FDA Approves Injectable Cabotegravir for PrEP
The therapy becomes the first injectable approved in the United States for this indication.
The Food and Drug Administration (FDA) announced today it has approved Apretude (cabotegravir extended-release injectable suspension) for pre-exposure prophylaxis (PrEP) for adults and adolescents to reduce the risk of HIV. Apretude is given first as 2 injections, 1 month apart, and then every 2 months thereafter.
Users can either start their treatment with injectable cabotegravir or take oral cabotegravir (Vocabria) for 4 weeks to decide how well they tolerate the drug.
This approval offers users another option that does not require daily adherence.
“Today’s approval adds an important tool in the effort to end the HIV epidemic by providing the first option to prevent HIV that does not involve taking a daily pill,” Debra Birnkrant, MD, director of the Division of Antivirals in the FDA’s Center for Drug Evaluation and Research, stated. “This injection, given every 2 months, will be critical to addressing the HIV epidemic in the US, including helping high-risk individuals and certain groups where adherence to daily medication has been a major challenge or not a realistic option.”
The safety and efficacy of Apretude were evaluated in 2 trials that compared Apretude to tenofovir disoproxil fumarate with emtricitabine (TDF/FTC) (Truvada), a once daily oral medication for PrEP. The trials were randomized, double-blind studies. Trial 1 included HIV-uninfected men and transgender women who have sex with men and have high-risk behavior for HIV infection. Trial 2 included uninfected cisgender women at risk of acquiring HIV.
Participants who took Apretude started the trial with cabotegravir (oral, 30 mg tablet) and a placebo daily for up to 5 weeks, followed by Apretude 600mg injection at months 1 and 2, then every 2 months thereafter and a daily placebo tablet.
Participants who took Truvada started the trial taking oral Truvada and placebo daily for up to 5 weeks, followed by oral Truvada daily and placebo intramuscular injection at months 1 and 2 and every 2 months thereafter.
In Trial 1, 4566 cisgender men and transgender women who have sex with men received either Apretude or Truvada. The trial measured the rate of HIV infections among trial participants taking daily cabotegravir followed by Apretude injections every 2 months compared to daily oral Truvada. The trial showed participants who took Apretude had 69% less risk of getting infected with HIV when compared to participants who took Truvada.
In Trial 2, 3224 cisgender women received either Apretude or Truvada. The trial measured the rate of HIV infections in participants who took oral cabotegravir and injections of Apretude compared to those who took Truvada orally. The trial showed participants who took Apretude had 90% less risk of getting infected with HIV when compared to participants who took Truvada.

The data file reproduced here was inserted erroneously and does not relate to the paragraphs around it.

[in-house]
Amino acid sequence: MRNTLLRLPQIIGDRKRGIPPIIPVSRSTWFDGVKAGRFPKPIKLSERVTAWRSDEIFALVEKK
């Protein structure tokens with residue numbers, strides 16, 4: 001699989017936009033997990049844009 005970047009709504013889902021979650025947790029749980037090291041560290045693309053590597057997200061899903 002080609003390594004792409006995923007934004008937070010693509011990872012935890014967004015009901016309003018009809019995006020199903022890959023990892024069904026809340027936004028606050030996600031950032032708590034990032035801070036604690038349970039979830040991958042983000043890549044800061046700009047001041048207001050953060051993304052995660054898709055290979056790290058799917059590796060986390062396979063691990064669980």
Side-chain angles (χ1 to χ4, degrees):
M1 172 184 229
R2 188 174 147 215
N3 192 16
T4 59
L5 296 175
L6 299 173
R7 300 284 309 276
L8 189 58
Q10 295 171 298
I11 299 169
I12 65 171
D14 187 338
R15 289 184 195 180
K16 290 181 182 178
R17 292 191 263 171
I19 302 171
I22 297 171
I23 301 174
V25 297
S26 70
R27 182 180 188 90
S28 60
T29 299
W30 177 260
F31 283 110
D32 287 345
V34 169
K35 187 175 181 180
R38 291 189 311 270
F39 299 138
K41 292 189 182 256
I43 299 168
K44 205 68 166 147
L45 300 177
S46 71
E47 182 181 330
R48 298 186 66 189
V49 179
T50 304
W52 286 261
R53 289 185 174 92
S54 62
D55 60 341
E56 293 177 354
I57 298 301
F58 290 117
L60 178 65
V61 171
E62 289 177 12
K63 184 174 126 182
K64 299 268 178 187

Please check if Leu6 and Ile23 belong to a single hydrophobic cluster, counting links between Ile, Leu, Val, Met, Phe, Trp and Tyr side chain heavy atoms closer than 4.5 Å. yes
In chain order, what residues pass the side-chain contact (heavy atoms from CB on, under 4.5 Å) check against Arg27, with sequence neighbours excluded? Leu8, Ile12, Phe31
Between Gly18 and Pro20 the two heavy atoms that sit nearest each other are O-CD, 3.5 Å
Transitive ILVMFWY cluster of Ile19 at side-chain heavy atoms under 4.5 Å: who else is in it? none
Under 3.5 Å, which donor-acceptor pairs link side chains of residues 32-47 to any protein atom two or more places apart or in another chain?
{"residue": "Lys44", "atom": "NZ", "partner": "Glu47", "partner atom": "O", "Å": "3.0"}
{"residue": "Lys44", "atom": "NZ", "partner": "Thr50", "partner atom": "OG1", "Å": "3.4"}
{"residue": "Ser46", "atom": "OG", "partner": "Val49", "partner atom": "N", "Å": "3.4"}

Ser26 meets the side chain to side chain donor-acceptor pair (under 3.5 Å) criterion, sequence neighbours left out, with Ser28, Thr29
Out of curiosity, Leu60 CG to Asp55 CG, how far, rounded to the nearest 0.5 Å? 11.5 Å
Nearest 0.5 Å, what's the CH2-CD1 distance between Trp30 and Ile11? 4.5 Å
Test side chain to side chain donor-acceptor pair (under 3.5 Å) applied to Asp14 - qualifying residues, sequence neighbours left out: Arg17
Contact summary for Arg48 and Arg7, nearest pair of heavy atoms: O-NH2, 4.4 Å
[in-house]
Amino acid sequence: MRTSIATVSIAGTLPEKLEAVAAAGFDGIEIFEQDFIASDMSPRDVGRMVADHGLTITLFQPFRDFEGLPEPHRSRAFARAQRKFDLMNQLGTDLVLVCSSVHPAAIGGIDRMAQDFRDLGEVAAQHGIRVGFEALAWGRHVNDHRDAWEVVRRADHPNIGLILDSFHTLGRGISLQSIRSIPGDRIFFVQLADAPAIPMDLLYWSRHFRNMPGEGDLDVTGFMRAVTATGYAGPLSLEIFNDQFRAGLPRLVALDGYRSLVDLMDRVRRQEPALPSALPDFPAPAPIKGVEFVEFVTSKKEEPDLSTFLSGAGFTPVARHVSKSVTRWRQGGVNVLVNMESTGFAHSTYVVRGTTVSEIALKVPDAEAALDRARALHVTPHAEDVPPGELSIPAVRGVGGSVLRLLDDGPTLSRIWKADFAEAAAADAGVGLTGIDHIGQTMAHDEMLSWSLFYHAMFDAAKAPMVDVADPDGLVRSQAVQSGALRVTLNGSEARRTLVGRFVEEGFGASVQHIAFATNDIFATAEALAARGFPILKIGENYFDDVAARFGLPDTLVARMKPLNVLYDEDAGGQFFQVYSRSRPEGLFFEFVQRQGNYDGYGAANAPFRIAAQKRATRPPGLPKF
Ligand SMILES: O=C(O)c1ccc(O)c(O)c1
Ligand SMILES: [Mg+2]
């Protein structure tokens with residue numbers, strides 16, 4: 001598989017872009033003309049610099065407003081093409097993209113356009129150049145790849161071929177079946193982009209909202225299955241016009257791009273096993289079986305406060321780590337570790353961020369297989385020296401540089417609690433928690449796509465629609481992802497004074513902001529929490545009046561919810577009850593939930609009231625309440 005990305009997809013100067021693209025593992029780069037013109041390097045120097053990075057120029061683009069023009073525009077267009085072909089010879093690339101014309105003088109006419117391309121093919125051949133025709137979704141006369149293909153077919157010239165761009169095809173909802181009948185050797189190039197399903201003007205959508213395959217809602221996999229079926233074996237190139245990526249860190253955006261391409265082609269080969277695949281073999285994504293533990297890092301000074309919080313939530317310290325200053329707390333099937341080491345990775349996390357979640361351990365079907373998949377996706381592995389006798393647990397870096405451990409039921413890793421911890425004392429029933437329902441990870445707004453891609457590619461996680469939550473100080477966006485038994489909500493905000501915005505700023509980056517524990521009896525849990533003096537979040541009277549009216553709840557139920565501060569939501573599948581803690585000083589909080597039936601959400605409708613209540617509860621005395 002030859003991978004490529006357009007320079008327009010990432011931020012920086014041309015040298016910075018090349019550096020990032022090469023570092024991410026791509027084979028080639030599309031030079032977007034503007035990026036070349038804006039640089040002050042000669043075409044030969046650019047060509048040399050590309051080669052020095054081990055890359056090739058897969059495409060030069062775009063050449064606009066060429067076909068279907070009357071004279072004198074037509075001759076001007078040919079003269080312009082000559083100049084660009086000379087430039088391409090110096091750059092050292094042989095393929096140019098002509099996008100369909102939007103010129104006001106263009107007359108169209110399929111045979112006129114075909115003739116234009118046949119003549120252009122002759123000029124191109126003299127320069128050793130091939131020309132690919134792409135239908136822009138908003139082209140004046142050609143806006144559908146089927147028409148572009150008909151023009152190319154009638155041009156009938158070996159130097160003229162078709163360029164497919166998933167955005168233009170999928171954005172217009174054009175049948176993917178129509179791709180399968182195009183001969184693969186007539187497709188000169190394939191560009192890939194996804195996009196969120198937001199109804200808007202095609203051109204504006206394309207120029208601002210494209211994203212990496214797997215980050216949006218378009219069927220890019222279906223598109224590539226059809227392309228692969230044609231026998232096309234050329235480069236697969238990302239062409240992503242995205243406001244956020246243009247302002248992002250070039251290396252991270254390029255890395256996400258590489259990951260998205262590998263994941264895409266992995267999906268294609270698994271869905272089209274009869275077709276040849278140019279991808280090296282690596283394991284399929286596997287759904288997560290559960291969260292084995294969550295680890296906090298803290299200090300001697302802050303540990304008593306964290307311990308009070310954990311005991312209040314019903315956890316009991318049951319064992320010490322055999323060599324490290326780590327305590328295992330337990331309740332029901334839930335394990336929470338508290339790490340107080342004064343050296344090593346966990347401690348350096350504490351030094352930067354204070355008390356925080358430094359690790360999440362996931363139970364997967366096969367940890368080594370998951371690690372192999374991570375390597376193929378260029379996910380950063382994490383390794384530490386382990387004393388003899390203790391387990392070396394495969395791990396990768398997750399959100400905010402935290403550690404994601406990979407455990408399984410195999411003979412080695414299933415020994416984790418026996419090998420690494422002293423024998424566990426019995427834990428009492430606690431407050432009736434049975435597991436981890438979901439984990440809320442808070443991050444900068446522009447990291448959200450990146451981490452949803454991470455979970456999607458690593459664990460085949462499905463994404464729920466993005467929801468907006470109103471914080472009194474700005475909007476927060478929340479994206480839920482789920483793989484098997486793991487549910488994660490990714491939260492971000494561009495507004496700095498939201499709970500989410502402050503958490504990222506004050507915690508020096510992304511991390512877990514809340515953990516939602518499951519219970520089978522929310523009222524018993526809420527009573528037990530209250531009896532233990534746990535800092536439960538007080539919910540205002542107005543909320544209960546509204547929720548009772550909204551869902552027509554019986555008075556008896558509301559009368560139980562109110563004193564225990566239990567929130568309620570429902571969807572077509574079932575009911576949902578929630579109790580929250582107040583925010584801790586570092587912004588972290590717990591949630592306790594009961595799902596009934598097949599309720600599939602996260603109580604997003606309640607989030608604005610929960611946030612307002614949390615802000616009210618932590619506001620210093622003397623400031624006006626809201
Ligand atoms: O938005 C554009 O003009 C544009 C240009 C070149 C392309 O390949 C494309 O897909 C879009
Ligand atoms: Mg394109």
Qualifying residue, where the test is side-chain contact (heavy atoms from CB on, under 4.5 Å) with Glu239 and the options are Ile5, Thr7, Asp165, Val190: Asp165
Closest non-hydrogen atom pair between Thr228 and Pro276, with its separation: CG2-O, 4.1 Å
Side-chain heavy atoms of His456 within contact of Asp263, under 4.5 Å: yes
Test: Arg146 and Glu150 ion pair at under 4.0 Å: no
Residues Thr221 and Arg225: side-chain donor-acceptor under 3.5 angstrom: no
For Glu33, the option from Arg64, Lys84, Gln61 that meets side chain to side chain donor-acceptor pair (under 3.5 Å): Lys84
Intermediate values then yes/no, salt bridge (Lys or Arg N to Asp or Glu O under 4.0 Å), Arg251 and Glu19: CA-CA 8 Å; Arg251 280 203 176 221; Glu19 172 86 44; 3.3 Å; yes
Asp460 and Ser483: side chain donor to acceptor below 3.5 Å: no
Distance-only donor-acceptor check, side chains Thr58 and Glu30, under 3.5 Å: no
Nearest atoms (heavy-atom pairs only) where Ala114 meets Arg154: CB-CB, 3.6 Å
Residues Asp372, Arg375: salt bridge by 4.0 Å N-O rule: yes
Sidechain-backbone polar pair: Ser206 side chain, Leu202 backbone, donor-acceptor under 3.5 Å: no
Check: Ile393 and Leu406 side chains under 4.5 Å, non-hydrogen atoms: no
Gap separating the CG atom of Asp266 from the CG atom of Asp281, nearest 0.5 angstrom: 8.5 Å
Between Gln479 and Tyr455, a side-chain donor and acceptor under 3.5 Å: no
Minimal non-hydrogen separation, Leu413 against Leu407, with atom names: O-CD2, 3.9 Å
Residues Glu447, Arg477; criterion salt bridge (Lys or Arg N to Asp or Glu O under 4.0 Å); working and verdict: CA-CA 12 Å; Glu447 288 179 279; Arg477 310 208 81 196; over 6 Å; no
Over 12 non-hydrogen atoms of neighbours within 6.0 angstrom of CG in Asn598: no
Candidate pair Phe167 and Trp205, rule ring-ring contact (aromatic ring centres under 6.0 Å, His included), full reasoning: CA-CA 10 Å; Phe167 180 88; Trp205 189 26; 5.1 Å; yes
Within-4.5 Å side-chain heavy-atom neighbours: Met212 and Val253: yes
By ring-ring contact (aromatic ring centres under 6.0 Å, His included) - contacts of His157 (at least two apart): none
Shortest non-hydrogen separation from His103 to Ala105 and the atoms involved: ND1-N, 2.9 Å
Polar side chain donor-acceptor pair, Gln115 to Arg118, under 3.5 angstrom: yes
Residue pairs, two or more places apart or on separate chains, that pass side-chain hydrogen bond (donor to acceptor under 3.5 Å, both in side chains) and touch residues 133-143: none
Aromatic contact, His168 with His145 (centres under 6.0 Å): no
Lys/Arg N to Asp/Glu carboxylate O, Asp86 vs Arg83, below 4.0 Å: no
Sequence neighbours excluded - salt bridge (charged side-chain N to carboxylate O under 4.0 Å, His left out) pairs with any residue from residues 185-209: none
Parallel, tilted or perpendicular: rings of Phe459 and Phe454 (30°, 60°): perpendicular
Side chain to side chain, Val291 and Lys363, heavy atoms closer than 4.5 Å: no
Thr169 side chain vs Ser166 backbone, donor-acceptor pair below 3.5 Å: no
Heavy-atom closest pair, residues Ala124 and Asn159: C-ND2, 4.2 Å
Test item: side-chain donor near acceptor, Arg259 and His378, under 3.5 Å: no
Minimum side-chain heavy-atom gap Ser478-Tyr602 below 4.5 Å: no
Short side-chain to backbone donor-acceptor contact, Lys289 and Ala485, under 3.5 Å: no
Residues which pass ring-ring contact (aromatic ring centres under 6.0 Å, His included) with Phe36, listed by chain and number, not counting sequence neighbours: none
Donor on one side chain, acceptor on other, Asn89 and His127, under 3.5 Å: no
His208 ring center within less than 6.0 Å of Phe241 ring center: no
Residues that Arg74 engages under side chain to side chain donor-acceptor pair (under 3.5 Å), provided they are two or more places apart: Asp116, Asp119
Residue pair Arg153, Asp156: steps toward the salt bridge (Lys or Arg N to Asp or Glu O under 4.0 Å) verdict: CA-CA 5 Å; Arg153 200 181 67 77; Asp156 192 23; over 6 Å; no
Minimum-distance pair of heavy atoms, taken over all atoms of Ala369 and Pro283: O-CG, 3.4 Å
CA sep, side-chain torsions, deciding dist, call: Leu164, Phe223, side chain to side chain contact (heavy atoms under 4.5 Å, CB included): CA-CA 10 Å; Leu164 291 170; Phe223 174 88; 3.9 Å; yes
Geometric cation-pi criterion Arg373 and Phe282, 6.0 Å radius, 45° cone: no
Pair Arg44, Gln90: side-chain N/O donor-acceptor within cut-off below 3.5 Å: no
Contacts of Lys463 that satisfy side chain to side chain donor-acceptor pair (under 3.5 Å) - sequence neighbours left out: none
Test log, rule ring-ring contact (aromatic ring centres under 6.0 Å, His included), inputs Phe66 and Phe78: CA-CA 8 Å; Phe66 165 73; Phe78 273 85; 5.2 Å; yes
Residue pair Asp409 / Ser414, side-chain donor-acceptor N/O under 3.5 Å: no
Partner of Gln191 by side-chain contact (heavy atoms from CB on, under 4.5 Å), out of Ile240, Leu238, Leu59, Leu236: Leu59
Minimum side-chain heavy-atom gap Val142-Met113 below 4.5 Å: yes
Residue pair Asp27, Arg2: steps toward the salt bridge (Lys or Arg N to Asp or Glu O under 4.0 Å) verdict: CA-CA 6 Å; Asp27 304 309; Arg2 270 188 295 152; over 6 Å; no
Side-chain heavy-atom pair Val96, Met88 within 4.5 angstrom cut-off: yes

“This potent new PrEP option…is a terrific development in HIV prevention,” Douglas Krakower, MD, is Faculty in the Division of Infectious Diseases at Beth Israel Deaconess Medical Center, research scientist at The Fenway Institute, and Assistant Professor in Medicine and Population Medicine at Harvard Medical School, said.
Side effects occurred more frequently in participants who received Apretude compared to participants who received Truvada, and included injection site reactions, headache, fever, fatigue, back pain, myalgia and rash.
Positive Trend, Still Greater Initiation Needed
Over the last 5 years, significant strides towards greater PrEP initiation have been made. According to the Centers for Disease Control and Prevention, PrEP use in the United States is at approximately 25% of the 1.2 million people for whom it is recommended. And this increase is up from about 3% usage in 2015.
Still, there is a long way to go for greater initiation and communities disproportionately affected by HIV, such as injection drug users, trans people, and Black Americans, are not getting the message and typically have lower initiation rates compared to White men who have sex with men.
Krakower believes it can help reduce HIV rates in these other populations, but it is about how public health programs and individual providers reach them to disseminate messaging and the therapies. “If it is implemented in ways that are culturally-sensitive, patient-focused, and convenient,” Krakower explained. “This could include mobile van units to meet people where they live; embedding PrEP in community-based organizations that can improve trust in populations that have experiences discrimination in health care settings, such as LGBTQIA+ populations, Black and Latinx people, and people who inject drugs, among others.”